|A photo taken in the Bywater area while leading missions teams|
in New Orleans with Kaleo Missions in 2016
These questions generally aren't asked out of basic curiosity or interest. They are generally asked in confusion because doing ministry in those kinds of places does not line up with the American dream. This is because doing ministry like that is not always the safest and you are not in complete control when you're there and you are not separated from those society often deems as less. So doing ministry in the Philips neighborhood, the Powderhorn neighborhood, college towns, or the French Quarter is not what most would call the American dream but who really cares about that? When it comes down to it, I care much more about following Jesus than I do about following the American dream and I really think you should too.
I think we have watered down Christianity to the point where we think of Jesus as this "safe", quiet man who sat with "good" Godly folks and we try to imitate that Jesus. However, when I read the New Testament I encounter a Jesus who sat with tax collectors and prostitutes and everyone else that society set aside. (If you want some examples, just google it. You will find there are plenty to go around.) But we don't encourage folks to imitate that kind of Jesus much these days. We call them foolish and reckless instead. But isn't sitting with the modern day tax collectors and prostitutes and everyone else exactly what we are also called to do? Before departing the world Jesus said "go therefore and make disciples of all nations, baptizing them in the name of the Father and of the Son and of the Holy Spirit, teaching them to observe all that I have commanded you. And behold, I am with you always, to the end of the age" (Matthew 28:19-20, ESV). Jesus calls us to do exactly as He did. While Jesus did ministry in many expected places, He didn't stop there. He ministered to people everywhere and so should we. We are called to speak the Gospel to our co-workers and in our neighborhoods and in our schools and also in the slums and the streets downtown.
|A photo taken of Puerto Maldonado, Peru while on a mission trip|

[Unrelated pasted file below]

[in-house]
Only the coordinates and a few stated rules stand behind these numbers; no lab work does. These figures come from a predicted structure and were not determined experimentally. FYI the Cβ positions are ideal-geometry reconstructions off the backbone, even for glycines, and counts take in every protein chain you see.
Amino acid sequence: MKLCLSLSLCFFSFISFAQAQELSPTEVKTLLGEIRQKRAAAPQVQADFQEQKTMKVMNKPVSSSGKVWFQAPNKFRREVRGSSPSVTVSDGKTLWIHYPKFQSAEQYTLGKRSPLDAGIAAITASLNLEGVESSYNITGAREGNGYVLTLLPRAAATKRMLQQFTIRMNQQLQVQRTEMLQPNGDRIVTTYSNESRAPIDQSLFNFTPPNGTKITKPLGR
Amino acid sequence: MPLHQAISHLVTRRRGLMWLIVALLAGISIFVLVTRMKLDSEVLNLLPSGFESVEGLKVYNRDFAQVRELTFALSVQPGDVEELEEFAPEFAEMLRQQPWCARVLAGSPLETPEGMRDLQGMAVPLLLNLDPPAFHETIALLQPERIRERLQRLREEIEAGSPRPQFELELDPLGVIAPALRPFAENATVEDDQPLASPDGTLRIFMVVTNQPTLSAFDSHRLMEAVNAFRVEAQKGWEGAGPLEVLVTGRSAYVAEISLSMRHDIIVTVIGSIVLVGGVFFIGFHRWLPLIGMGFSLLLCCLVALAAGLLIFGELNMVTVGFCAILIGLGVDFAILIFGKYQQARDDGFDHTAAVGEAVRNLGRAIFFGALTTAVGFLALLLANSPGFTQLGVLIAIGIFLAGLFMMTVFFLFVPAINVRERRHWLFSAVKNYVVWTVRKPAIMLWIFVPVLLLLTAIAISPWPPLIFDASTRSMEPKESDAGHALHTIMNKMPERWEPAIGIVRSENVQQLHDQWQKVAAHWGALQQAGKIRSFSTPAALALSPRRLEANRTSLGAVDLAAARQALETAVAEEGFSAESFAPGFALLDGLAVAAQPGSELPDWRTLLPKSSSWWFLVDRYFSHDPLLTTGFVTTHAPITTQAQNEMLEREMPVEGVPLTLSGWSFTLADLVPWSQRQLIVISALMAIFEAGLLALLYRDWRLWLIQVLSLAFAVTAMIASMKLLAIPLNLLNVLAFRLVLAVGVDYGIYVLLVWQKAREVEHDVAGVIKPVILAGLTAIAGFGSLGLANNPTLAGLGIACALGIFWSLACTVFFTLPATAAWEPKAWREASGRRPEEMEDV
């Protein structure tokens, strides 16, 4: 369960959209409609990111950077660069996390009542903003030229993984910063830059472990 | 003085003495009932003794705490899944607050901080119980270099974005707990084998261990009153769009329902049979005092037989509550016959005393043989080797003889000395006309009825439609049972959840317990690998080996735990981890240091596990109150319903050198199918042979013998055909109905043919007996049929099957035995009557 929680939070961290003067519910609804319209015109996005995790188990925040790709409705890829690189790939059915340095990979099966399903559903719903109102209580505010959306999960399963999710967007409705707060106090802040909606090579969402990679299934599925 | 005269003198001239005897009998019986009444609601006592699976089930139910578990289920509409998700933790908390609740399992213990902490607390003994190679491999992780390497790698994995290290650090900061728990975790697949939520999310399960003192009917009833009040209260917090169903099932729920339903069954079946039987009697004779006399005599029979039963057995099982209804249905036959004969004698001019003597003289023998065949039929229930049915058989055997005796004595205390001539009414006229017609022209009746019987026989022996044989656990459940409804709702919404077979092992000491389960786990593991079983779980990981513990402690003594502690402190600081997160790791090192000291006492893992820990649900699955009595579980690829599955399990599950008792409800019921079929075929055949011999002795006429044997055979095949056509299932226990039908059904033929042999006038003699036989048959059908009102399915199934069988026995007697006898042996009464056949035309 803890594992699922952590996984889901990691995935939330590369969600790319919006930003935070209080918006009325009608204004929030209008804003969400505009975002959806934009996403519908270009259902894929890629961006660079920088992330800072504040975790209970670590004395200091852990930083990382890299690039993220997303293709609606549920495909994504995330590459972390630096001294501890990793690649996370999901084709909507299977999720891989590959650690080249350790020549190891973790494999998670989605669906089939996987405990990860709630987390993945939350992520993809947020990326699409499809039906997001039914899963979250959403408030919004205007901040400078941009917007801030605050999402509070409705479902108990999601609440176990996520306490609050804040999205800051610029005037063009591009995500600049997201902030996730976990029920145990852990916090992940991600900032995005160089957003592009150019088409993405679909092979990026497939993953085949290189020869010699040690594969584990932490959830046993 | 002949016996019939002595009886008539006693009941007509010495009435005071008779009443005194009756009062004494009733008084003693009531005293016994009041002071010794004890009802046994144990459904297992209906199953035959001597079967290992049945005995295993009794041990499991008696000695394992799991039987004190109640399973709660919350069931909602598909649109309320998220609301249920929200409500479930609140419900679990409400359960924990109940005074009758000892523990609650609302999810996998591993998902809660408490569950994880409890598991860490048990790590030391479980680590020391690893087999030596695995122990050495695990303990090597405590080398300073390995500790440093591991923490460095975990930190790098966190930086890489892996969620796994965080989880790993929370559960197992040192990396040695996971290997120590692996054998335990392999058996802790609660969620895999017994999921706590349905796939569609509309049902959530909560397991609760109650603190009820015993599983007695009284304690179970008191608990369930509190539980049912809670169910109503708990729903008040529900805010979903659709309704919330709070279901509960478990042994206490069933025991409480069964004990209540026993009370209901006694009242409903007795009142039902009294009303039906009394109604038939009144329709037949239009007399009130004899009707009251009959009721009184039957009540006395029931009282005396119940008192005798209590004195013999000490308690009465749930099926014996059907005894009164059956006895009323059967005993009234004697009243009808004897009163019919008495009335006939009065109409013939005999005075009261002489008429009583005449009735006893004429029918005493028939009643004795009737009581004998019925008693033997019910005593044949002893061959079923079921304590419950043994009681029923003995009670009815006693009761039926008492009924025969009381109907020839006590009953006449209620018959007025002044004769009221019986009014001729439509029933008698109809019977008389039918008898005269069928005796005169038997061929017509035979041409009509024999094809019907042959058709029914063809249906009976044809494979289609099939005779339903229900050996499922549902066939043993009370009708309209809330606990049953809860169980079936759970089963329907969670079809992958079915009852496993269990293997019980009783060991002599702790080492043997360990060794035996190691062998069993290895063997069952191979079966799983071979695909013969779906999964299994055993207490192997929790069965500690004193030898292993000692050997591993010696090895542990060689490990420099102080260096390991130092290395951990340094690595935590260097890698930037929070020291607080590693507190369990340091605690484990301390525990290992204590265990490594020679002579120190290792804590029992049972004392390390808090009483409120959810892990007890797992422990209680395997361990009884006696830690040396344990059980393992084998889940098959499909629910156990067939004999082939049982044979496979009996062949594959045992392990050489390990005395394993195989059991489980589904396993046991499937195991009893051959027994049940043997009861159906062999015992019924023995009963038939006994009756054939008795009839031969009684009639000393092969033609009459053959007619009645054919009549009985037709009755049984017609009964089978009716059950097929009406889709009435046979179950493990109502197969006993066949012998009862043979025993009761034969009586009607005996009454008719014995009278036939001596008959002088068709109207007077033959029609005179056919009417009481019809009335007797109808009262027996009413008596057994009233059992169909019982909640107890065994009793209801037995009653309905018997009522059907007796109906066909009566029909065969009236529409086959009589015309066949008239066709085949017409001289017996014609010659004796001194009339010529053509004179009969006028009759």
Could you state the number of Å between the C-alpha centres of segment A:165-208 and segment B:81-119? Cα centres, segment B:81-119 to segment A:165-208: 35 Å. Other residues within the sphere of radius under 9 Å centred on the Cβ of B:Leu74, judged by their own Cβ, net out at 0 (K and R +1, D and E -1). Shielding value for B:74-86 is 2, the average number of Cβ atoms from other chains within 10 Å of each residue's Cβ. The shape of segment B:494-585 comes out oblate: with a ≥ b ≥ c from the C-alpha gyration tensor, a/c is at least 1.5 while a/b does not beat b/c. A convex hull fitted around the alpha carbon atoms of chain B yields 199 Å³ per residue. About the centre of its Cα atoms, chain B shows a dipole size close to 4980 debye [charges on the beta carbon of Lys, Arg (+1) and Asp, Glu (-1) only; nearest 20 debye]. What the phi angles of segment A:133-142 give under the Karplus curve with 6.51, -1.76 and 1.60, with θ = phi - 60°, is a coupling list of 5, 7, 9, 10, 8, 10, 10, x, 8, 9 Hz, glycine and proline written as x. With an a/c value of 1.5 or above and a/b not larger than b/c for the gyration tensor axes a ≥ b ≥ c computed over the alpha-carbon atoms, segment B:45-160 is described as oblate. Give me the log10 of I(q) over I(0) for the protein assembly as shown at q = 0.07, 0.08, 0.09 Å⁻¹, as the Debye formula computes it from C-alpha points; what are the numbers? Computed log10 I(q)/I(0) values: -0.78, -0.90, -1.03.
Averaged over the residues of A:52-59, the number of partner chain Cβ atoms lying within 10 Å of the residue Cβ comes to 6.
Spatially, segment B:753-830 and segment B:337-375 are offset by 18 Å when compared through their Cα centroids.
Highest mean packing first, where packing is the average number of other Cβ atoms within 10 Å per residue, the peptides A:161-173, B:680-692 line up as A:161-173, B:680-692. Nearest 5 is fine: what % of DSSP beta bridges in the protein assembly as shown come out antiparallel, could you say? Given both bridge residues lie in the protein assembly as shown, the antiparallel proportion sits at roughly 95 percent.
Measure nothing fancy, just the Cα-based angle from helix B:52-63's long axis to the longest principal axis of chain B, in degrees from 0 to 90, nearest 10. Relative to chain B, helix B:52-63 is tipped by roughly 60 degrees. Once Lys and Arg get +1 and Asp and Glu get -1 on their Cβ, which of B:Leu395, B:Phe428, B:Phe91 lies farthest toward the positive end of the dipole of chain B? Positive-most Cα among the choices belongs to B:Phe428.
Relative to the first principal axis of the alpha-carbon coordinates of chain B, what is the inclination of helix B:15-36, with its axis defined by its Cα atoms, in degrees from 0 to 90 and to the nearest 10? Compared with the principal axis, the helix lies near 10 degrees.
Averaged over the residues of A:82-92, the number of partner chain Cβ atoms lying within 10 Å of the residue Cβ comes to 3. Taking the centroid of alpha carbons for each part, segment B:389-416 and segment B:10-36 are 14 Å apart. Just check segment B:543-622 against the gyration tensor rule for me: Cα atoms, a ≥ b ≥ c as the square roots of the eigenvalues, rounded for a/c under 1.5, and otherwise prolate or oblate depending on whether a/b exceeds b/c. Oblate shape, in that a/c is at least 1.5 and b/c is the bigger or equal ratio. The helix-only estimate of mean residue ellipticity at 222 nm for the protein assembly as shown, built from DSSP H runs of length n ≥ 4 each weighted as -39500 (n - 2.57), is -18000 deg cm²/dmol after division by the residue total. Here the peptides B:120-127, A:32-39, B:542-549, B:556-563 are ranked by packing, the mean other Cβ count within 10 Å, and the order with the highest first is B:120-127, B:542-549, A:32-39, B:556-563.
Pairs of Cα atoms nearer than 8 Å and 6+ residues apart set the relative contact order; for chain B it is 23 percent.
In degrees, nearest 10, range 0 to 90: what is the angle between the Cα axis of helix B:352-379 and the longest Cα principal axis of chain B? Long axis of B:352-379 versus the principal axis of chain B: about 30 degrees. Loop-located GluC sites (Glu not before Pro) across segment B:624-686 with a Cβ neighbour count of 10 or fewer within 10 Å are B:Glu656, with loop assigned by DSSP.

here in 2016
And yes, doing ministry in the Philips neighborhood, in Dinkytown, and in the French Quarter is not the easiest. And yes, sometimes it can feel very dark in those places. But those places are where Christ's light can shine even brighter and even when the darkness seems to overcome us we can know that Christ goes before us and that He is with us always until the end of the age. As I sit in the French Quarter, I look around every Saturday night and I see brokenness. I see broken people trying to fill the cracks in their lives with drugs and alcohol. The problem is this: that stuff never fills you up. Not even close. Brokenness and darkness seems to flood these streets just like the hurricane once did, but that doesn't mean there is no light. In fact, the light of Christ seems to shine even brighter here. This place, Vieux Carre Baptist Church, is one of those bright beacons of hope. It is because of people like the ones here that I still have hope. People come here when they are in the middle of their deepest despair and they see hope. They see how Christ can completely change their lives. And it is in this darkness they can clearly see the light.
Now, don't get me wrong. When you start trying to mess with the enemy's plans, he will try to stop you and discourage you. But never forget who you are in Christ. You are a soldier commissioned to fight a battle truly worth fighting in. You have been commissioned by the King to go out and save souls. How could you possibly reject that calling?
|A phoro of the Dallas skyline taken on a mission trip here in 2014|
So we must declare the Deliverer in the darkness, bring the Bread of Life bravely down Bourbon Street, and continue carrying the cross of Christ into the chaos because when we do that we do as Jesus did and share hope with people different yet so similar to us. And when we do this, we can know that Jesus goes before us. And as always, we are to go as a family because we are stronger when we are united.